785 F2d 985 Rauschenberg v. Williamson

785 F.2d 985

Thomas F. RAUSCHENBERG, Plaintiff-Appellant,
William WILLIAMSON, Defendant-Appellee.

No. 85-8366.

United States Court of Appeals,
Eleventh Circuit.

April 2, 1986.

Ray C. Norvell, Sr., Decatur, Ga., for plaintiff-appellant.

Myles E. Eastwood, Asst. U.S. Atty., Atlanta, Ga., for defendant-appellee.

Appeal from the United States District Court for the Northern District of Georgia.

Before RONEY and HATCHETT, Circuit Judges, and NICHOLS*, Senior Circuit Judge.

HATCHETT, Circuit Judge:

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In this appeal, we are urged to reverse a district court holding that special factors counsel against allowing a former parolee to bring a Bivens action against his former parole officer for misrepresentations to the former parolee and for recommendations the parole officer made to the United States Parole Commission. We affirm.


Thomas F. Rauschenberg, the appellant, was convicted in 1975 of violating the Federal Controlled Substances Act and sentenced to a term of seven years imprisonment with three years special parole to follow the imprisonment. The United States Parole Commission paroled Rauschenberg in May or June, 1978, after he had served about forty months of his sentence.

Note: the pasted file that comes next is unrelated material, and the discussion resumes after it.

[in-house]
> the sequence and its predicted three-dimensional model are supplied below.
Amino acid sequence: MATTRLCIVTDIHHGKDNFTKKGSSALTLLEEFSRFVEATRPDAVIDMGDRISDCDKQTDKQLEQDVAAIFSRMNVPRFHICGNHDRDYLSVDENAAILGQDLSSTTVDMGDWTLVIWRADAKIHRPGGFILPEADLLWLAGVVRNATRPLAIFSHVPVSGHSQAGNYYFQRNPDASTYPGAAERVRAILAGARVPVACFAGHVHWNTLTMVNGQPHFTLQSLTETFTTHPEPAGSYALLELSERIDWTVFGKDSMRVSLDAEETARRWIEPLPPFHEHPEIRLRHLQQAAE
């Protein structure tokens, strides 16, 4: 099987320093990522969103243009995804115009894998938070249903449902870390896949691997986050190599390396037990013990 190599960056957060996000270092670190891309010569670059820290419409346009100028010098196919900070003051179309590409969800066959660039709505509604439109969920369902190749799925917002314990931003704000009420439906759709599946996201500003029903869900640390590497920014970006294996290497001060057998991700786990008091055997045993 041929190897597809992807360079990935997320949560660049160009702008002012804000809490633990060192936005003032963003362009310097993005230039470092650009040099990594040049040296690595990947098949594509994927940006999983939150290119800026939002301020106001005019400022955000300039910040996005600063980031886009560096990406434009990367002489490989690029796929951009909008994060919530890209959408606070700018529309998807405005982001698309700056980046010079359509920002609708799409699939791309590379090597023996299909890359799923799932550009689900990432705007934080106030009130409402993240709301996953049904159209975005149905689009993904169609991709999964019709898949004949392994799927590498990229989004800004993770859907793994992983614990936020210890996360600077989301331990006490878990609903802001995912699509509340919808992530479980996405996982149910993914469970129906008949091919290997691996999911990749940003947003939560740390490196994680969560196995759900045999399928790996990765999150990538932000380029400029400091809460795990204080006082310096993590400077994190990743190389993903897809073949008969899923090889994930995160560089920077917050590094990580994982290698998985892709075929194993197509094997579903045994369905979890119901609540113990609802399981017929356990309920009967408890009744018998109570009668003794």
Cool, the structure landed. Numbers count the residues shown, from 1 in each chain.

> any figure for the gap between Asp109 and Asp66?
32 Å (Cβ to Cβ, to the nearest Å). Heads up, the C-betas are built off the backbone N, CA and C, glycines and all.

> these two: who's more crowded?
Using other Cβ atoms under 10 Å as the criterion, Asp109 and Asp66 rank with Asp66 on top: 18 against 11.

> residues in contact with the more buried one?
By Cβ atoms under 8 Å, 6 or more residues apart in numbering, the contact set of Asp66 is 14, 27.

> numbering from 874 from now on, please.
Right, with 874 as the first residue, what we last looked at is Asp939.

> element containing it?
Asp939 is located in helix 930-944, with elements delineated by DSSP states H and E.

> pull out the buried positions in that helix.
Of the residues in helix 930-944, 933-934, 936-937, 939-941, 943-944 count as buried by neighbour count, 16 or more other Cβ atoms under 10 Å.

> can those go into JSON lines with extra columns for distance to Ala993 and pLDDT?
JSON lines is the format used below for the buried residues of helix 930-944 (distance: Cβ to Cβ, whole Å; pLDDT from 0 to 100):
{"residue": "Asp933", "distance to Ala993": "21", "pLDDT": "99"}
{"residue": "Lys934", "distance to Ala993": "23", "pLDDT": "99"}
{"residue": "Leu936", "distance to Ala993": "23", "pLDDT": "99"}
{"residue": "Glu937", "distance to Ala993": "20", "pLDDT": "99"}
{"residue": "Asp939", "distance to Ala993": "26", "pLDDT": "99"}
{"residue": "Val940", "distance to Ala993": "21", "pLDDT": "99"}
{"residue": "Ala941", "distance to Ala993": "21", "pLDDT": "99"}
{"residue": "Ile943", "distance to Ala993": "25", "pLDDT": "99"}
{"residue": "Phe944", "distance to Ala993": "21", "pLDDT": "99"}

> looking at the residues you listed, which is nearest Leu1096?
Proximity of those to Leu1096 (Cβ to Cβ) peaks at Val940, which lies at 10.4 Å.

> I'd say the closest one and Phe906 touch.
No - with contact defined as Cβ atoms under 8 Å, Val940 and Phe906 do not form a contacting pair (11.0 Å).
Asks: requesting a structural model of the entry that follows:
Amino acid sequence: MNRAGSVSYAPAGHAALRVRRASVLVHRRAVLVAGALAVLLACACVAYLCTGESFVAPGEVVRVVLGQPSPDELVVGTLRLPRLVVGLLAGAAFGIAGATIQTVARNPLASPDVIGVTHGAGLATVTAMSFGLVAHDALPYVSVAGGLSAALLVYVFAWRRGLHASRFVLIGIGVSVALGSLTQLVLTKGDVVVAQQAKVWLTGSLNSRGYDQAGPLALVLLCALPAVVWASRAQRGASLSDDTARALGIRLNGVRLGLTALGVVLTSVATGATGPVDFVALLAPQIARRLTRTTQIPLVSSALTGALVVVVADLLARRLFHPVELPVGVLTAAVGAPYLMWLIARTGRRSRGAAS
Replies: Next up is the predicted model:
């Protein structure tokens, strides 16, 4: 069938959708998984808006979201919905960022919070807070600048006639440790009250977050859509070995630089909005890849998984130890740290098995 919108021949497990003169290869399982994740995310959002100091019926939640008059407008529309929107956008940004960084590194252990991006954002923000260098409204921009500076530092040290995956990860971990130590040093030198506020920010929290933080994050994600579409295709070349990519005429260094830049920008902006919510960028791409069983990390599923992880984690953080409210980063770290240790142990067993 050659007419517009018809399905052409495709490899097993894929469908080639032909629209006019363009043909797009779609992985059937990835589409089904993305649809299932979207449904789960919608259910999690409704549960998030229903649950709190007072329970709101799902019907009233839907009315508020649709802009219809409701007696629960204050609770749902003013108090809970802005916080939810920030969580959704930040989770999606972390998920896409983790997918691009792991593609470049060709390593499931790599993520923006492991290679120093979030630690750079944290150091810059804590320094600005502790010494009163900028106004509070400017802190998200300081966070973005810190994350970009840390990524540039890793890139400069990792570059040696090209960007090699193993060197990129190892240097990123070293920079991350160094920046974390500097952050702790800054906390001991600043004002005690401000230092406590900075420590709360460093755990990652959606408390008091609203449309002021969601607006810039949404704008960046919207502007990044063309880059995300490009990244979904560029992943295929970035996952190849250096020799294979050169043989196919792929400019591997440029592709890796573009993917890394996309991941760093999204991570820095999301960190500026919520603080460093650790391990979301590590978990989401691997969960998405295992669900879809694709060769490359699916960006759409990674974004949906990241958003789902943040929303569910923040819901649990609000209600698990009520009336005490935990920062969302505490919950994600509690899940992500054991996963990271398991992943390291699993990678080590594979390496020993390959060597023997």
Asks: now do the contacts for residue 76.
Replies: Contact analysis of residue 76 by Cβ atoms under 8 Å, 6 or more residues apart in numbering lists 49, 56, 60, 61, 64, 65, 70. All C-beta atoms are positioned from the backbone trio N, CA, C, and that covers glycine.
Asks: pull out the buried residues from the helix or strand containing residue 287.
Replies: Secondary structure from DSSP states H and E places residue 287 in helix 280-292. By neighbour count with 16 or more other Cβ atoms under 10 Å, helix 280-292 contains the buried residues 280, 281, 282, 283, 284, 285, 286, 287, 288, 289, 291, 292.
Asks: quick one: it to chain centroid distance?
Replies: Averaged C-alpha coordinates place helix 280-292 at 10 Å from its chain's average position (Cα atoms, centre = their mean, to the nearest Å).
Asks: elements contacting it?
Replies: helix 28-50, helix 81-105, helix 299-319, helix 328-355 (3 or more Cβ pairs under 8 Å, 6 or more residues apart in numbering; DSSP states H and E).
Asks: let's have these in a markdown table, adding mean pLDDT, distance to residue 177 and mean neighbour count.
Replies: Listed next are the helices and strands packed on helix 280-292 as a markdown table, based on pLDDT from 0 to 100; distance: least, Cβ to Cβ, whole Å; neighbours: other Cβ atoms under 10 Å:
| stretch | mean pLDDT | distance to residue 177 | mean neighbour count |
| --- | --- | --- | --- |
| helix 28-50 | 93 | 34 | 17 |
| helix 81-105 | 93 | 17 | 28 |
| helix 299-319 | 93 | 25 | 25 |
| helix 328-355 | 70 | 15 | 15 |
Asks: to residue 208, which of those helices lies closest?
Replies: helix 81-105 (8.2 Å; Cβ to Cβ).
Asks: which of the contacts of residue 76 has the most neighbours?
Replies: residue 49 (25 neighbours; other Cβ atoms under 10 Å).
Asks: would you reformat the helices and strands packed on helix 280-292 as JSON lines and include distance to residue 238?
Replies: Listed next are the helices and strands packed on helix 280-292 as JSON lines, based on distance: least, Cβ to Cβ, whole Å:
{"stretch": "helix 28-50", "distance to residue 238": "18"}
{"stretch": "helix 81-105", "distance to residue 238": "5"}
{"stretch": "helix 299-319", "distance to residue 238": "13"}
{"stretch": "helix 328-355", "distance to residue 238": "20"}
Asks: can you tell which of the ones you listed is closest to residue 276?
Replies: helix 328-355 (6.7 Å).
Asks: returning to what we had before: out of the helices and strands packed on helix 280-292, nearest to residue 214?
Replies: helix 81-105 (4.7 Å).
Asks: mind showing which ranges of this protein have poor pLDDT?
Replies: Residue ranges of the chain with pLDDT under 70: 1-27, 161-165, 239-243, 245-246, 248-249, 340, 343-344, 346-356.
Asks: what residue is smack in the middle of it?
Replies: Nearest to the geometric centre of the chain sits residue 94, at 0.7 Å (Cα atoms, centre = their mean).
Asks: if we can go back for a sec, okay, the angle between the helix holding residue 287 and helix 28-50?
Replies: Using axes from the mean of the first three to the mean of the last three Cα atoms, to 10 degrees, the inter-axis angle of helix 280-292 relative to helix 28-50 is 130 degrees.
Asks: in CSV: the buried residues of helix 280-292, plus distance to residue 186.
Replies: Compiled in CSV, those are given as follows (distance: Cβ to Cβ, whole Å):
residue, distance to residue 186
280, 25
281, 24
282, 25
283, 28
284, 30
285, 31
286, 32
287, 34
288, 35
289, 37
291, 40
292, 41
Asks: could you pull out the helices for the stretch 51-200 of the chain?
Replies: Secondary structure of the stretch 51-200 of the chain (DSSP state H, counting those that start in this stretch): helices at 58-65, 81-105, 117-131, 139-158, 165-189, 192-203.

Rauschenberg had served approximately seventeen months of his parole when William Williamson, his parole officer, recommended to the parole commission that a special condition of parole be imposed requiring mental health after-care treatment. In October 1979, the parole commission approved this recommendation. Rauschenberg did not present any objections to the special condition to the parole board; he accepted the addition to his parole conditions and signed the necessary consent forms. Rauschenberg asserts that he signed the forms because Williamson told him that he had no right to contest the decision to impose the special condition and because Williamson threatened to have his parole revoked if he did not accept the special parole condition. On October 26, 1979, Rauschenberg also signed a waiver of his right to take an administrative appeal of the mental health after-care condition. He asserts that he did so because Williamson threatened to have his parole revoked.